For 200 grams of cookies, you'll need a bit more than 33 grams sugar(s), 67 grams fat(s), and 99 grams flour(s). (There will be a bit of weight lost during backing, but let's ignore that. This is going to get inexact very quickly)

Once you have the basic ingredients divided into their categories. It's time to start making cookie dough. Getting the recipe "right" is figuring out how much of each ingredients you'll need for each category. Really, the only way to do that is through trial-and-error, taste testing, and (longer term) experience.

I would start by looking at a few similar cookies recipes to see how much of ingredients they have in common are needed (leavening, salt, etc). From there, you can start extrapolating and filling-in-the-blanks with the rest. Once you get started, it's easier to say "mmmm... good, but needs more synthetic color flour." You'll quickly start to learn (or you can research) what the effects of adding "more eggs" or "more fat" has on a cookie recipe. This will all start to come together much quicker with experience.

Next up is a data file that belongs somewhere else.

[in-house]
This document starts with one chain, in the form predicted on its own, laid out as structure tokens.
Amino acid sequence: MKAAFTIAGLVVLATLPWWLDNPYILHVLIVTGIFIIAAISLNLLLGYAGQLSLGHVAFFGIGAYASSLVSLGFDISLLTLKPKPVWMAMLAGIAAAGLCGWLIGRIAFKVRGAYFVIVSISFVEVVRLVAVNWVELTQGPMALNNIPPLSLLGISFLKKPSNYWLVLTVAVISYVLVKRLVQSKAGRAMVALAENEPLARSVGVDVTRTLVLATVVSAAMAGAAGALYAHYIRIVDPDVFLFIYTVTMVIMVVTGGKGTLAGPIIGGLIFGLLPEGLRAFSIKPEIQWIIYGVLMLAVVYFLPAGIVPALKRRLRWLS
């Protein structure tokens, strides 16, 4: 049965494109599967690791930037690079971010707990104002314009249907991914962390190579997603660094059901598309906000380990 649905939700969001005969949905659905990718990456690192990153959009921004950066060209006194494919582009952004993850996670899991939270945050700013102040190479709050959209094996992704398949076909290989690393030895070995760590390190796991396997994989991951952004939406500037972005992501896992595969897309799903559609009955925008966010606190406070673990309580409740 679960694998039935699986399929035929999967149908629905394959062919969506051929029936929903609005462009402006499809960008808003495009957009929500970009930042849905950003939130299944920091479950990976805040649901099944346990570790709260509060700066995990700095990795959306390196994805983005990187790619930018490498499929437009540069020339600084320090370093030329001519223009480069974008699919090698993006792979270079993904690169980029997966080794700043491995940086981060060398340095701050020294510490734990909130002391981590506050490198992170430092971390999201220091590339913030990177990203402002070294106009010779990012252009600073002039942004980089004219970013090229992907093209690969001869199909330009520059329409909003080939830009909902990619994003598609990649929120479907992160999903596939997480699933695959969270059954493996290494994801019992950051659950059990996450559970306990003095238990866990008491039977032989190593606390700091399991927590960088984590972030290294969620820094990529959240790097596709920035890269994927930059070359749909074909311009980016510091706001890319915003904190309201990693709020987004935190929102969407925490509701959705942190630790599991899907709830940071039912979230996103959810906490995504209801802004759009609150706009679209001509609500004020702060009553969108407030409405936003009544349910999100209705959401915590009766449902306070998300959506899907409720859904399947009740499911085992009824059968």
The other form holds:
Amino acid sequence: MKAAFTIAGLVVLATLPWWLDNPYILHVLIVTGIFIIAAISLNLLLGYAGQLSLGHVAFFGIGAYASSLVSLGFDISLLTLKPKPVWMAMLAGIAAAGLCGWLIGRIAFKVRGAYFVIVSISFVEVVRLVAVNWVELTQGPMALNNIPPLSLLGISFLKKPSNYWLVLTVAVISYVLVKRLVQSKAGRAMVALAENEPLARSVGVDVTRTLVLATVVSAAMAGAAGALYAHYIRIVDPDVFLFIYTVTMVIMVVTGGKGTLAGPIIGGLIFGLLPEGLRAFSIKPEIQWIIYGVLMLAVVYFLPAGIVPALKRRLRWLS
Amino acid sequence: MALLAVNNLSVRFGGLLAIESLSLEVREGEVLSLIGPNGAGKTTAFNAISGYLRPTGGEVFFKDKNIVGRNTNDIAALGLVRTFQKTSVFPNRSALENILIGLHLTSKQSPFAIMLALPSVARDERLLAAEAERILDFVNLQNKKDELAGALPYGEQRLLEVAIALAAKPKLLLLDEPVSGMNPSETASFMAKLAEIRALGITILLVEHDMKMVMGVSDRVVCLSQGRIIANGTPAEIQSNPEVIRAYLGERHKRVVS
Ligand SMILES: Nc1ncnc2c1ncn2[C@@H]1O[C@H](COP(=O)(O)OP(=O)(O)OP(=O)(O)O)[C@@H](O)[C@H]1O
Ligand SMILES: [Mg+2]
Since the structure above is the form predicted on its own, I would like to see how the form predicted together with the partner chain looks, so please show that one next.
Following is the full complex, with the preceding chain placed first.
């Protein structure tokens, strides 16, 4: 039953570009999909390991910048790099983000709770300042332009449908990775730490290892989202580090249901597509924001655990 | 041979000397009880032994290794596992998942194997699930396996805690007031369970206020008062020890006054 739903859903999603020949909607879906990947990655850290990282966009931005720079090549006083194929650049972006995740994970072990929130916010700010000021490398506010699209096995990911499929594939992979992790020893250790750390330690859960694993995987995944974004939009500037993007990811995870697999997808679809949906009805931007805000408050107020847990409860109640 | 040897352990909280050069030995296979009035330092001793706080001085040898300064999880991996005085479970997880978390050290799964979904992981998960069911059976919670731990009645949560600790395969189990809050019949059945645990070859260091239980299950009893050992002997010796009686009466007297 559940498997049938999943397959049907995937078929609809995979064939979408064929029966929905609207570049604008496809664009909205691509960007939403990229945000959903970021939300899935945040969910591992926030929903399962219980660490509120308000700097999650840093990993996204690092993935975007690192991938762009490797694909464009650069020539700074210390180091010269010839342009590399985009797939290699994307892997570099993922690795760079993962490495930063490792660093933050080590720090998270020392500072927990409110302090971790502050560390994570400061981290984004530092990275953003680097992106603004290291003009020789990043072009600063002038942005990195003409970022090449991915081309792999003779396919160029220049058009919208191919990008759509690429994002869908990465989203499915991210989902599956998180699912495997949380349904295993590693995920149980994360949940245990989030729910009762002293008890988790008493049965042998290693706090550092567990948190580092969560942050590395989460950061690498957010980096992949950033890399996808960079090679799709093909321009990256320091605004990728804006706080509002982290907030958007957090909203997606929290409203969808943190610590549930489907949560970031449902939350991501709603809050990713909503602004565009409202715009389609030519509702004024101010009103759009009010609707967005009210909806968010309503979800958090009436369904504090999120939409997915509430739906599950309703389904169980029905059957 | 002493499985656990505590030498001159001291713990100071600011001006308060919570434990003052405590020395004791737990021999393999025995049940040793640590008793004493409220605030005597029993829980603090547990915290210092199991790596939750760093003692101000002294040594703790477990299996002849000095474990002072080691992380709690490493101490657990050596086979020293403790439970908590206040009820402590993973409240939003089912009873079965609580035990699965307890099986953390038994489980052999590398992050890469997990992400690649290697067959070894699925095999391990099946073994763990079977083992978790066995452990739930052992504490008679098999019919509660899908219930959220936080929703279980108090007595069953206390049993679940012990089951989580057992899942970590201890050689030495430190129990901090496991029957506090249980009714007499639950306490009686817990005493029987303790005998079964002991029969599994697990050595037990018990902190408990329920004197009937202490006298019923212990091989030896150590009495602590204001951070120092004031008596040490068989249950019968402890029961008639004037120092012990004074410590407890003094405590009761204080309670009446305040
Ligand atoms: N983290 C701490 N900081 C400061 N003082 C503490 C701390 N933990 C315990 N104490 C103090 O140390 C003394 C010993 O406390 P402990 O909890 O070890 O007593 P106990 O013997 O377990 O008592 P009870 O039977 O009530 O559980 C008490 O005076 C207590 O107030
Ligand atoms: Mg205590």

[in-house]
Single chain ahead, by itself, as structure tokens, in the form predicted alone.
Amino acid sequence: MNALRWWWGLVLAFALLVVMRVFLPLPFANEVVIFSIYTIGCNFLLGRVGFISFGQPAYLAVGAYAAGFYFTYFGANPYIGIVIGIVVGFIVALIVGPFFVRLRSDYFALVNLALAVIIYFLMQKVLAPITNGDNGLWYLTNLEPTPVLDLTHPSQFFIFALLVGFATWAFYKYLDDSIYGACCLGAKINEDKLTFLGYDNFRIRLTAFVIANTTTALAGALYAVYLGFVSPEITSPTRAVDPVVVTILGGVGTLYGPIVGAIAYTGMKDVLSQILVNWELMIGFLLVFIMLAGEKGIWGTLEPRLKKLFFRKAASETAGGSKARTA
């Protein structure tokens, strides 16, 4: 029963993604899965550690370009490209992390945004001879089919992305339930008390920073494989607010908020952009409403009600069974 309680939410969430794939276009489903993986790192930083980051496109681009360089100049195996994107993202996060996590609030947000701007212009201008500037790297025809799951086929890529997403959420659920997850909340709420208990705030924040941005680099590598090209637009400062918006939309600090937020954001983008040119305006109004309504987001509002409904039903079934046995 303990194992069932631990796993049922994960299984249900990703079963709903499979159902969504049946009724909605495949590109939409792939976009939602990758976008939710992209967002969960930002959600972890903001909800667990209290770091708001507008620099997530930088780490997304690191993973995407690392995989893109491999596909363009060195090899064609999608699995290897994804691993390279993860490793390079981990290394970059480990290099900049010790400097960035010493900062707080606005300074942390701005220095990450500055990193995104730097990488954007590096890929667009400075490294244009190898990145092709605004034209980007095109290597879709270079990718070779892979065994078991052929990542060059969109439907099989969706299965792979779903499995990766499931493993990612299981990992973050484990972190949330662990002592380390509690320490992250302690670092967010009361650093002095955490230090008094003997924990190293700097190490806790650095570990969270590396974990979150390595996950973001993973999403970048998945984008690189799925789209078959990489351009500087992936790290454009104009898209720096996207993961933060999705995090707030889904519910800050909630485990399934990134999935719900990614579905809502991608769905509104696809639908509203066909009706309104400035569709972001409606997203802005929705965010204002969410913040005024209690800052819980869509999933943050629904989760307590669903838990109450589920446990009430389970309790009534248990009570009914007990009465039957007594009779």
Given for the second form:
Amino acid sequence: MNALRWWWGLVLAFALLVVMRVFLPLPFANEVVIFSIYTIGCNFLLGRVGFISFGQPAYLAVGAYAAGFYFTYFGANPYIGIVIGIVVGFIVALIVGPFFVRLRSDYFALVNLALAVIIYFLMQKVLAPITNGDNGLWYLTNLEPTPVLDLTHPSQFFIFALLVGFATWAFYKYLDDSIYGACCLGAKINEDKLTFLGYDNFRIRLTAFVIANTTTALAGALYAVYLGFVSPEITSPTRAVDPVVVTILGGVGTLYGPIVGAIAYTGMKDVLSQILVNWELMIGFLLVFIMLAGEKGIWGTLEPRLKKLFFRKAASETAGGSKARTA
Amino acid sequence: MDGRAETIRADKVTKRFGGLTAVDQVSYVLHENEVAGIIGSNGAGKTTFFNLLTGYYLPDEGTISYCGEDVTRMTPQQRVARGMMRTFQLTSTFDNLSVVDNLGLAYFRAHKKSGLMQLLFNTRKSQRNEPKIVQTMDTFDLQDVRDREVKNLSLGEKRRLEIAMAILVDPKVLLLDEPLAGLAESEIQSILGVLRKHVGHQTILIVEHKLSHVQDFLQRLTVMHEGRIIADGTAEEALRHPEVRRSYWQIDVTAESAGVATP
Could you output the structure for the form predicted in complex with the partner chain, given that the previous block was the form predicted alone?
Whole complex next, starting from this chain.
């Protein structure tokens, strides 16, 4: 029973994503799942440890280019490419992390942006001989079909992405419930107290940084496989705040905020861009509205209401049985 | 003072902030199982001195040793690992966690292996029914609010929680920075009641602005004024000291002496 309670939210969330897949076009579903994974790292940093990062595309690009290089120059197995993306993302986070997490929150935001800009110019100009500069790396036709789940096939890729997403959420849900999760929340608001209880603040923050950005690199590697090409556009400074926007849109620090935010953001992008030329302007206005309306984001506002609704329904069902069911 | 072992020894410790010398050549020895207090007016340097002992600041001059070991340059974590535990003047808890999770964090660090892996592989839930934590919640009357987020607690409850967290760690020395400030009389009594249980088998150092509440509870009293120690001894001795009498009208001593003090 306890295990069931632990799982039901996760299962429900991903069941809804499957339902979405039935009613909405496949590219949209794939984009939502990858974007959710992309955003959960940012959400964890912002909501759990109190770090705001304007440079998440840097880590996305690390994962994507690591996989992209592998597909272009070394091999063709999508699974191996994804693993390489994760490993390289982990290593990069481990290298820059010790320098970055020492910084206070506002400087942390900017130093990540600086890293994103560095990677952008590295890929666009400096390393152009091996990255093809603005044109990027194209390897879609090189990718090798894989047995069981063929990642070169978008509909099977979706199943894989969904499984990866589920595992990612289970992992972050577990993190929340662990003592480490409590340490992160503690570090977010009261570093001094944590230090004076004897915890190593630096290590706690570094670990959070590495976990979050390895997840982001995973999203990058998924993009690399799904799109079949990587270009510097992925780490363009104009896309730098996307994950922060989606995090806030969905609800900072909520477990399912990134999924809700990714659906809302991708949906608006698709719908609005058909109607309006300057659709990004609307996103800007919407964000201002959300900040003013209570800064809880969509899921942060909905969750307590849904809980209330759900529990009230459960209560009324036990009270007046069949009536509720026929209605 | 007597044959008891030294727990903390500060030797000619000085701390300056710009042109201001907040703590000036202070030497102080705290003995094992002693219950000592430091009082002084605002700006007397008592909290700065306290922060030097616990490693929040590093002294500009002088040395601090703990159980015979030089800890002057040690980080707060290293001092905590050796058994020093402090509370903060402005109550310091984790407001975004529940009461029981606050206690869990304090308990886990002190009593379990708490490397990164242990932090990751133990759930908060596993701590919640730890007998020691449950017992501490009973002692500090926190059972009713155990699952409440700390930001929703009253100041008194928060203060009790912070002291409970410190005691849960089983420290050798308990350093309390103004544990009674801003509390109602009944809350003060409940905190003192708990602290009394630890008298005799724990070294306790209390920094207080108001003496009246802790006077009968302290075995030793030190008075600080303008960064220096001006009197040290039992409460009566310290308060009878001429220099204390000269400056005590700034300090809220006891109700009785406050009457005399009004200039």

Sorry, I don't have the exact recipe for your "oven baked fresh cookies"; but honestly, once you start playing with the basic ingredients and ratios, you'll likely invent something better than the original. I use lists of "secret ingredient" all the time, and end up inventing my best recipes that way.

Good luck!

  • With respect to Michael Ruhlman, there is so much more to a recipe than just the ratio. Technique matters a very great deal, and ratios vary more than he admits for different types and applications of the dishes within the categories, and then there are the other ingredients. This is a good way to invent a recipe, but it has little to do with the commercial ingredient list, and everything to do with a traditional experiment and adjust iteration :-)
    – SAJ14SAJ
    Apr 26, 2013 at 21:55
  • And no, the "other ingredients" are in addition to the ratio ingredients, not part of those ratio categories. Sorry. This one fact is part of the reason why Ratio is oversimplified as a concept, although it does call out some basic concepts.
    – SAJ14SAJ
    Apr 26, 2013 at 22:05
  • 1
    @SAJ14SAJ Sure. Your answer spoke to the purpose (and substations) for those ingredients; excellent job! I was trying to address the "combinations" part of her question. Yes, that's only a start, but a better start than saying "can't be done" or "look it up on the Internet." Anyway, that's how *I* do it. Apr 26, 2013 at 22:06
  • I agree with the iterative experimental method of recipe development, no doubt.
    – SAJ14SAJ
    Apr 26, 2013 at 22:06
  • To be fair, Ratio also often mentions how to tweak the ratios to do something like, say, make a cookie crispy.
    – Cascabel
    Apr 26, 2013 at 23:28